Monday, June 10, 2024

Tikishla, Knoya, Kanchee, Nunaka Dome Skiing - 4.14.2022

Note: updated below the original post to include another great afternoon above Muldoon on 4.7.2024

There is a short window each spring in the Anchorage Front Range as the willow-choked valleys leading to the windswept faces of our peaks transition from bottomless facets and scary windslab, to fast and stable melt-freeze crust, before access is slowed by bare ground and emerging brush.

When the strong April sun began to metamorphose our ever changing snowpack into an efficient and stable crust, Bob and I were focused on taking advantage of it. We both had morning chores to attend to, and corn takes soften in Southcentral AK, so it was early afternoon by the time we were walking out of the Dome parking lot, sliding down the terrifying ice in the shady gorge, then crossing the footbridge into the North Fork of Campbell Creek. From here we hoped to link up Tikishla to Knoya to Kanchee, and if we were lucky, ski all the way back to the neighborhood.

The North Fork doesn't receive much precip to start with. Then you add in the strong downslope winds that pour over the Chugach and scour the valley floors. It doesn't take much sun to vaporize what snow is left. Fortunately dead grass and blueberry bushes are still sort of slippery. 

Reaching relatively continuous snow, or as much as that's a thing in the Front Range, we stopped for lunch. Bob ate delicious looking hummus wraps, while I probably ate something gross like old frozen pizzas - I need to hire Bob as a backcountry baking sensei. 

We were well past Knoya and about 4.5 miles from the car when we left the valley floor behind and started to climb towards the south face of Tikishla. As we climbed higher Anchorage came into view below us. What a place to live.

We followed sheep tracks across the hanging basin below the peak before climbing the incline towards the summit. At this point it was probably 4 PM and the sunny slope was just starting to soften - I don't think I'll ever get used to how much later this happens than in Colorado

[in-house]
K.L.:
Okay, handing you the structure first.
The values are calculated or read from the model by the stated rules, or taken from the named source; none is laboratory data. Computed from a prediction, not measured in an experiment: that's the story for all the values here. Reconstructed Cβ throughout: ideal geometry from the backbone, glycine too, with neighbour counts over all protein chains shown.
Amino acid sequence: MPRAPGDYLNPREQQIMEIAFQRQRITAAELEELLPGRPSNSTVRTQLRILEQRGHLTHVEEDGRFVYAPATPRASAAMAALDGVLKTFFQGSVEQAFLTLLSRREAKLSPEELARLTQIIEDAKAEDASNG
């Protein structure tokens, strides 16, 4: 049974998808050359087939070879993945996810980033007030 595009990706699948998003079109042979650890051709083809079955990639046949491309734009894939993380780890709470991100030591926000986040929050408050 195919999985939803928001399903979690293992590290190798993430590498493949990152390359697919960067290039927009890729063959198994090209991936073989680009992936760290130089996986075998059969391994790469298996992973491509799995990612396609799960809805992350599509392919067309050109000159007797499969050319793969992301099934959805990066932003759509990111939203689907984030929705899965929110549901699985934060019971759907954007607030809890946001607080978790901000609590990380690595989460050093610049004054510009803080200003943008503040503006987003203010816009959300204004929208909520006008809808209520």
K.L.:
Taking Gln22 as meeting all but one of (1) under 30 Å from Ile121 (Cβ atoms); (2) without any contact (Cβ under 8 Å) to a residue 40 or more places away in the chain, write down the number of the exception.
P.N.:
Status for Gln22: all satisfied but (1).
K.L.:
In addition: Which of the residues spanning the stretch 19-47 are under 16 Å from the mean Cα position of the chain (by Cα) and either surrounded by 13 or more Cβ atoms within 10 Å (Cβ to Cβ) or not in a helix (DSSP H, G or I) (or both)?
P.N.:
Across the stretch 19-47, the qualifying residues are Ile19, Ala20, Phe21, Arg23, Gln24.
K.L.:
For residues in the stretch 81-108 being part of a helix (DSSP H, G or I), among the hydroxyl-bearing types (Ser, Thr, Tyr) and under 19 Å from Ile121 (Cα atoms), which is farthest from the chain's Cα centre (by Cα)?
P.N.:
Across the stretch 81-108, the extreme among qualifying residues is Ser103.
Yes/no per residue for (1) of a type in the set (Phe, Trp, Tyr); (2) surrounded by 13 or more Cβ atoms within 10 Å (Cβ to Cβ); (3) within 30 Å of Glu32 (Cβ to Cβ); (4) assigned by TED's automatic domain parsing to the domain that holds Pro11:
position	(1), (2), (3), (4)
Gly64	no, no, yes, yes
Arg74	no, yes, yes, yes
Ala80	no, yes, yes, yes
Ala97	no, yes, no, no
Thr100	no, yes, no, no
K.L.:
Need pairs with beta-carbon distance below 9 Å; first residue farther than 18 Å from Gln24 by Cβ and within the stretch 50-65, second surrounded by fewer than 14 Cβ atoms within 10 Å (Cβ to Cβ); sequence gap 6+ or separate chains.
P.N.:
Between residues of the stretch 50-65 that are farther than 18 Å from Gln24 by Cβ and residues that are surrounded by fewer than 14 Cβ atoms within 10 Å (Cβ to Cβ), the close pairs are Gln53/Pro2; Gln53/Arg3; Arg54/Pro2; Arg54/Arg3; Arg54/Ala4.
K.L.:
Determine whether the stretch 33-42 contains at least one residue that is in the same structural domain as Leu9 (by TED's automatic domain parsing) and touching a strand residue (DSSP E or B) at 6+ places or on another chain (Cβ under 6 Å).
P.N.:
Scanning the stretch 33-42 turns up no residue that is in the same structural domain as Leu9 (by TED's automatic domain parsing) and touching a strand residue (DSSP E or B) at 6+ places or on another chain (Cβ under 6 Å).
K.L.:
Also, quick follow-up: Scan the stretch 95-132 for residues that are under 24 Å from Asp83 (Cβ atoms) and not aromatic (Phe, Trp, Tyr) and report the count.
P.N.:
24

Climbing higher we switched to efficient booting on corn that had spent the last week ripening thru a series of daily melting and freezing.

Now above the valley walls of Campbell Creek, the other icons of the FRange began to rise around us. I looked past Bob at the seemingly impossible Lightning Bolt Couloir striking through the cliffs of O'Malley's north face. There are some other "ski" lines tucked in there too - Brady and Brandon are still working on convincing me to try em out.

To the east of the unreasonable cliffs of O'Malley were the chutes of the Ramp that would appeal to more people who call themselves skiers, as opposed to alpinists.

The firm snow was fast and we zoomed up the east ridge to the summit.

The ridge brought even more views and memories. We looked into the heart of Ship Creek and the craggy ridge dividing it from the South Fork of Eagle River. There are some lines in there that some people would consider skiing. Scott and I skied, but mostly jogged, Calliope a few years ago, he has more slogging ideas back there that I'm looking forward to.

We talked about past and future adventure and misadventure ideas and slogs in Ship Creep, then dropped from the summit into nicely cooked corn.

The summit bowl wasn't anything special, but getting to ski off the summit of a peak is special in and of itself. Once down the bowl we shuffled past the sheep tracks in the hanging basin, then I chased Bob down the long ramp to the valley floor where we would start the climb up Knoya.

We slapped our skins on and climbed up the south gullies of Knoya. I was about ready for dinner, not more gross bars, and it was nice to just put my head down and follow in Bob's tracks. Above Bob is the west face of Tikishla, as well as Tikishla Pass which we've taken to access Temptation and Tanaina; I'd like to ski that west face sometime too - it looks tasty from town.

From the top of Knoya we watched the waxing moon rise above Ship Creek and past the south face of Temptation which Nyssa, Erin, and I would ski the following week.

Then, with the snow starting to glow in the evening light, Bob aired off the peak and into Knoya's west face.

With Kanchee still on our agenda, we didn't ski that far down the basin below Knoya; in the future I'd like rip its surfy gully that continues to descend past Kanchee.

With the evening light getting more magical as it cast lengthening shadows across the skeletons of the peaks, we finished our last climb of the day up Kanchee. Like I often talk about, every summit is special because it brings with it slightly different views into the nooks and crannies of these extraordinary places. After years of staring at it from the Glenn Highway, someday I'd like to ski this curved banana chute dropping north from Tikishla - its nice the bucket list is a bottomless well always refilling with more ideas, obscure ski lines, and unnecessary bushwhacking.